managing risk

Business continuity plan (BCP) 101

Say a huge storm rips through the area in which your business operates, bringing down trees and powerlines — and leaving your business without power for at least a week. No electricity, no internet, no coffee, nothing. The interruption to your business may be temporary, but it could still be devastating if you can’t keep operating.

It’s time to activate the business continuity plan.

For many businesses, continuity planning is far down the to-do list. They may think it seems daunting – or that ‘it’ll never happen to me’. Nobody wants to think about bad things happening to their business, but they can and do. So it’s important to have a well-executed business continuity plan, or BCP, in place. 

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What is a business continuity plan (BCP)?

A business continuity plan, or BCP, is a document or series of documents detailing how your business will keep operating after a disruptive event. Such events may include:

  • weather-related natural disaster
  • fire
  • water damage (burst pipe or running tap)
  • building access prevention (gas leak in the area) or;
  • a burglary. 

What’s the difference between a business contingency plan and a business continuity plan?

A business contingency plan details how your business will respond to unexpected events, such as a storm cutting off the electricity supply, or a fire.

The business continuity plan is part of the contingency plan – but only used as a temporary measure until the business can once again run at its usual capacity. 

Why is it important?

A BCP is a clear and practical way to ensure you and your team can operate after a business interruption. As everything’s been decided ahead of time, there are no rushed decisions or knee-jerk reactions which may prove detrimental later. Writing a BCP also helps identify, manage and even prevent risks and exposure, especially those previously over or underestimated.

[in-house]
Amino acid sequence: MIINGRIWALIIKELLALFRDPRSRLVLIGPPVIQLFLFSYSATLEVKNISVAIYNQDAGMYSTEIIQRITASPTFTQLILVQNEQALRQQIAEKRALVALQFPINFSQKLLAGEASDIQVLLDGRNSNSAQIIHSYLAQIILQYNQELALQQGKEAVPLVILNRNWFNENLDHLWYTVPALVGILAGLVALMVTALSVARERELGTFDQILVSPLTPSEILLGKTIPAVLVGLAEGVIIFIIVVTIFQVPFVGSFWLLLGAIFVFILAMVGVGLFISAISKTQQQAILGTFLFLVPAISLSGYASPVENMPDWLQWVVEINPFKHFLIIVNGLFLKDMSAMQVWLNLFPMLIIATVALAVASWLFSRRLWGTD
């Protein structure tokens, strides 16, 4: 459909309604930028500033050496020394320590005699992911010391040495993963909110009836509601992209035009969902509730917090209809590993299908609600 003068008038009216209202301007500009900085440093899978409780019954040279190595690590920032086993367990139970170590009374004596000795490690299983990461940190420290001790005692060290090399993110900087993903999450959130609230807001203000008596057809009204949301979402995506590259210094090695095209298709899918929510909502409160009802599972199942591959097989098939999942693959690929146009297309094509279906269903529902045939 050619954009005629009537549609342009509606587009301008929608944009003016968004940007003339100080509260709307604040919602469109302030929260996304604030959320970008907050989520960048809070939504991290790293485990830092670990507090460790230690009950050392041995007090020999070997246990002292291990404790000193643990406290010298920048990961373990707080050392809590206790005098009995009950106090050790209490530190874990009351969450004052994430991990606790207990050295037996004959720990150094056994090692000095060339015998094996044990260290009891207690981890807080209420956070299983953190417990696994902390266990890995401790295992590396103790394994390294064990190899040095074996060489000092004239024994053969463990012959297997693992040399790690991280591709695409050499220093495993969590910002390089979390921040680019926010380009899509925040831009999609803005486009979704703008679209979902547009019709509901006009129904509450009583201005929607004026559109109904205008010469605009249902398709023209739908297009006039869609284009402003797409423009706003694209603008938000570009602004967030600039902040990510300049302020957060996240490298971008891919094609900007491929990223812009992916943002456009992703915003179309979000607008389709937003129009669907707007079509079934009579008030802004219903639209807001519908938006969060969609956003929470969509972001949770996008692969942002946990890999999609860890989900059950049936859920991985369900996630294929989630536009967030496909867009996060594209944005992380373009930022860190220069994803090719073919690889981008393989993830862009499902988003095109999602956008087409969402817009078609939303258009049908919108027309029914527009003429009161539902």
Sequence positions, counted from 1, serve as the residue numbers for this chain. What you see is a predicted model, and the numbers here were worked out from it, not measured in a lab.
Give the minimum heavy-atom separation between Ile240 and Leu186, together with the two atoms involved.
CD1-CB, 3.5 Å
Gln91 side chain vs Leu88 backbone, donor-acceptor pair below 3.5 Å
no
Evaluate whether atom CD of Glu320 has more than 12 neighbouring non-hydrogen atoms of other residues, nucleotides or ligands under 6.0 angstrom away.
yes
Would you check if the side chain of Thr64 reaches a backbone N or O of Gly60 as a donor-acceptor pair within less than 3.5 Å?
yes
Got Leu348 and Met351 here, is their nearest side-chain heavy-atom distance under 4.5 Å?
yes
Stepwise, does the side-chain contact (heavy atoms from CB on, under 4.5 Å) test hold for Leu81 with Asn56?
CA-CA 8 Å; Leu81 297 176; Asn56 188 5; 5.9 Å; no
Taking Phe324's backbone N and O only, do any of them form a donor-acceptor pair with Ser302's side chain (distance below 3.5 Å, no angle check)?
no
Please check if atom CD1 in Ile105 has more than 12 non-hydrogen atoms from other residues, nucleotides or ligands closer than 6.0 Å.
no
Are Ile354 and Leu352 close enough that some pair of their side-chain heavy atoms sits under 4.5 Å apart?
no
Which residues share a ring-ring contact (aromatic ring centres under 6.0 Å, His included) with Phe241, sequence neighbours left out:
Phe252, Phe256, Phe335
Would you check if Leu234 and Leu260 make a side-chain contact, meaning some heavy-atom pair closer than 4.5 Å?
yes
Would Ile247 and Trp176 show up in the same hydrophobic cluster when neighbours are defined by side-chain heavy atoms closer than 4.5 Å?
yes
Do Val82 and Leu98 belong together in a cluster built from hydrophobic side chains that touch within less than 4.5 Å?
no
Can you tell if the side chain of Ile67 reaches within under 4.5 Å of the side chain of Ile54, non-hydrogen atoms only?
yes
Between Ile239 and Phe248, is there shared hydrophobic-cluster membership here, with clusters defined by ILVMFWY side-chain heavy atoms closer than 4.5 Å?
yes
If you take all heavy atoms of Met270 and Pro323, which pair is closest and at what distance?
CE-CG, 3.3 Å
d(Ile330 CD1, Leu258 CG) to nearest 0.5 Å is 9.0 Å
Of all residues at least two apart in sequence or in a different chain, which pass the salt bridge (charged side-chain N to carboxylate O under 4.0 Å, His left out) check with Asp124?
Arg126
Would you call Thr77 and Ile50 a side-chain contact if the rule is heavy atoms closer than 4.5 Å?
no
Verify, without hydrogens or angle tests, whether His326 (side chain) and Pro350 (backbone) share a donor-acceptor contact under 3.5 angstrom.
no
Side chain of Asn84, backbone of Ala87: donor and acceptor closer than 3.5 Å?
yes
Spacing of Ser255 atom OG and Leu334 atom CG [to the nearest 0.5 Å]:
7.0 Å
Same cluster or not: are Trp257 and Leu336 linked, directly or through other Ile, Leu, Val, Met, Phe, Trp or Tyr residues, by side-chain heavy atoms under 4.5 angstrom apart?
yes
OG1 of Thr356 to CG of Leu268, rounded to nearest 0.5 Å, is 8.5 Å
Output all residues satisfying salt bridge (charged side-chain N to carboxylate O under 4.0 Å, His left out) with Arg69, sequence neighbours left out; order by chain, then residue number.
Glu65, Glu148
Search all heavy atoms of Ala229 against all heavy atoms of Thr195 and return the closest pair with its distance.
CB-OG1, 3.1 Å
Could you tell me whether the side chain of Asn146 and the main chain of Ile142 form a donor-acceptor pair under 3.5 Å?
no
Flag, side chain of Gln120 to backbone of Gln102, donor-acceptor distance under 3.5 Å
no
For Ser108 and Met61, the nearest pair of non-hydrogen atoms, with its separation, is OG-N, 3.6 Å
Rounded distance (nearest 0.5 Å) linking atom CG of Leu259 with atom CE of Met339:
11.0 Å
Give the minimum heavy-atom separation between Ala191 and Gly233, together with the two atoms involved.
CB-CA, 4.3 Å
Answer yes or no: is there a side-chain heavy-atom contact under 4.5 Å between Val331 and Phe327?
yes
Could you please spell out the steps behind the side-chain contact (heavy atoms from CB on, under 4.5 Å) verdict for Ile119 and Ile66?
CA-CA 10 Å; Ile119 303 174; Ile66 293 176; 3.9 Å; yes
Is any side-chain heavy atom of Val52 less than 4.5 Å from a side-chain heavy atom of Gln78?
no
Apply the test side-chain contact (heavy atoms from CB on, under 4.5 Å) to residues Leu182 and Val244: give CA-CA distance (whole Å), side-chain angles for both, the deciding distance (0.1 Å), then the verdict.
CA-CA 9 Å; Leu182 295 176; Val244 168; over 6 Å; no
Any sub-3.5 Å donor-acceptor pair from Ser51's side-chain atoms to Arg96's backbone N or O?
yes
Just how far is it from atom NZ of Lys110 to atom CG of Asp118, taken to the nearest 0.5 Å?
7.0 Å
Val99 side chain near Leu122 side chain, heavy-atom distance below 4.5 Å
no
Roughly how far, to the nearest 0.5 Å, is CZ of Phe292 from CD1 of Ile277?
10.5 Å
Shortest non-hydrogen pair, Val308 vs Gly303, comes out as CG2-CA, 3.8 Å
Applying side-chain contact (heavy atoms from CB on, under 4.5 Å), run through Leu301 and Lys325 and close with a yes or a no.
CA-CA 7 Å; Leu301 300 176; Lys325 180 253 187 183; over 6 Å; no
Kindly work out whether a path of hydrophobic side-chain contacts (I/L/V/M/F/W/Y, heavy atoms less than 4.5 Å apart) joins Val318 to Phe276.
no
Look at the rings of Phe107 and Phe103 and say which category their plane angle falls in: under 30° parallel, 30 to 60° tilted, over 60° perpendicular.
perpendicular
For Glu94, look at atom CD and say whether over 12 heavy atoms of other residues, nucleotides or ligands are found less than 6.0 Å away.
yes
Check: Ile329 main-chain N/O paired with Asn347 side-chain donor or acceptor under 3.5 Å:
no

Five key business continuity planning steps

1. Identify and analyse the risks

  • Create a comprehensive list identifying all the risks likely to impact your business.
  • Be as thorough as possible. Don’t leave anything out.
  • Analyse the risks, grouping them together when it's logical to do so. Categories could include things like time impact, financial impact, lower service levels, and so on.

2. Prioritise and assess the risks

  • This kind of assessment is sometimes known as a Business Impact Analysis (BIA) and will help define critical business activities.
  • Look at the likelihood of events happening and the impact they’ll have on your operations.

3. Draft and develop the plan

  • Figure out where you’ll draw the line, as you can’t plan for every little thing.
  • Communicate with key people within your business.
  • Draft a response plan. Make sure the safety of your people is the first priority.
  • Ask for and address stakeholder feedback. Allow time for revisions.
  • Be sure to include ‘after the event’ plans such as counselling or other support, if needed.

4. Distribute the plan

  • Distribute the plan widely within your business. The plan is only useful if people know about it.
  • Ask for and address any feedback from employees.
  • Keep hard and digital copies, as appropriate, easily accessible.

5. Monitor, maintain and update the plan

  • Test your plan. It’s the only way to see if it’ll work.
  • Make sure your employees know what’s expected if the plan is activated.
  • Monitor the plan and keep it updated. Don’t set and forget, especially contact details or wider community emergency responses.

Creating a clear, practical and actionable BCP is the first step in the business continuity process.

Should the unexpected happen and you need to activate your BCP, it’s good to know your Business Insurance policy has the flexibility to help get you back to business as usual, as soon as possible.

Jump online to get a GIO Business Insurance quote anytime, or call us on 13 10 10 during our contact hours for more information.


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Insurance issued by AAI Limited ABN 48 005 297 807 trading as GIO. Read the Product Disclosure Statement before buying this insurance. Go to for a copy. The Target Market Determination is also available. This advice has been prepared without taking into account your particular objectives, financial situation or needs, so you should consider whether it is appropriate for you before acting on it. This information is intended to be of a general nature only. We do not accept any legal responsibility for any loss incurred as a result of reliance upon it – please make your own enquiries.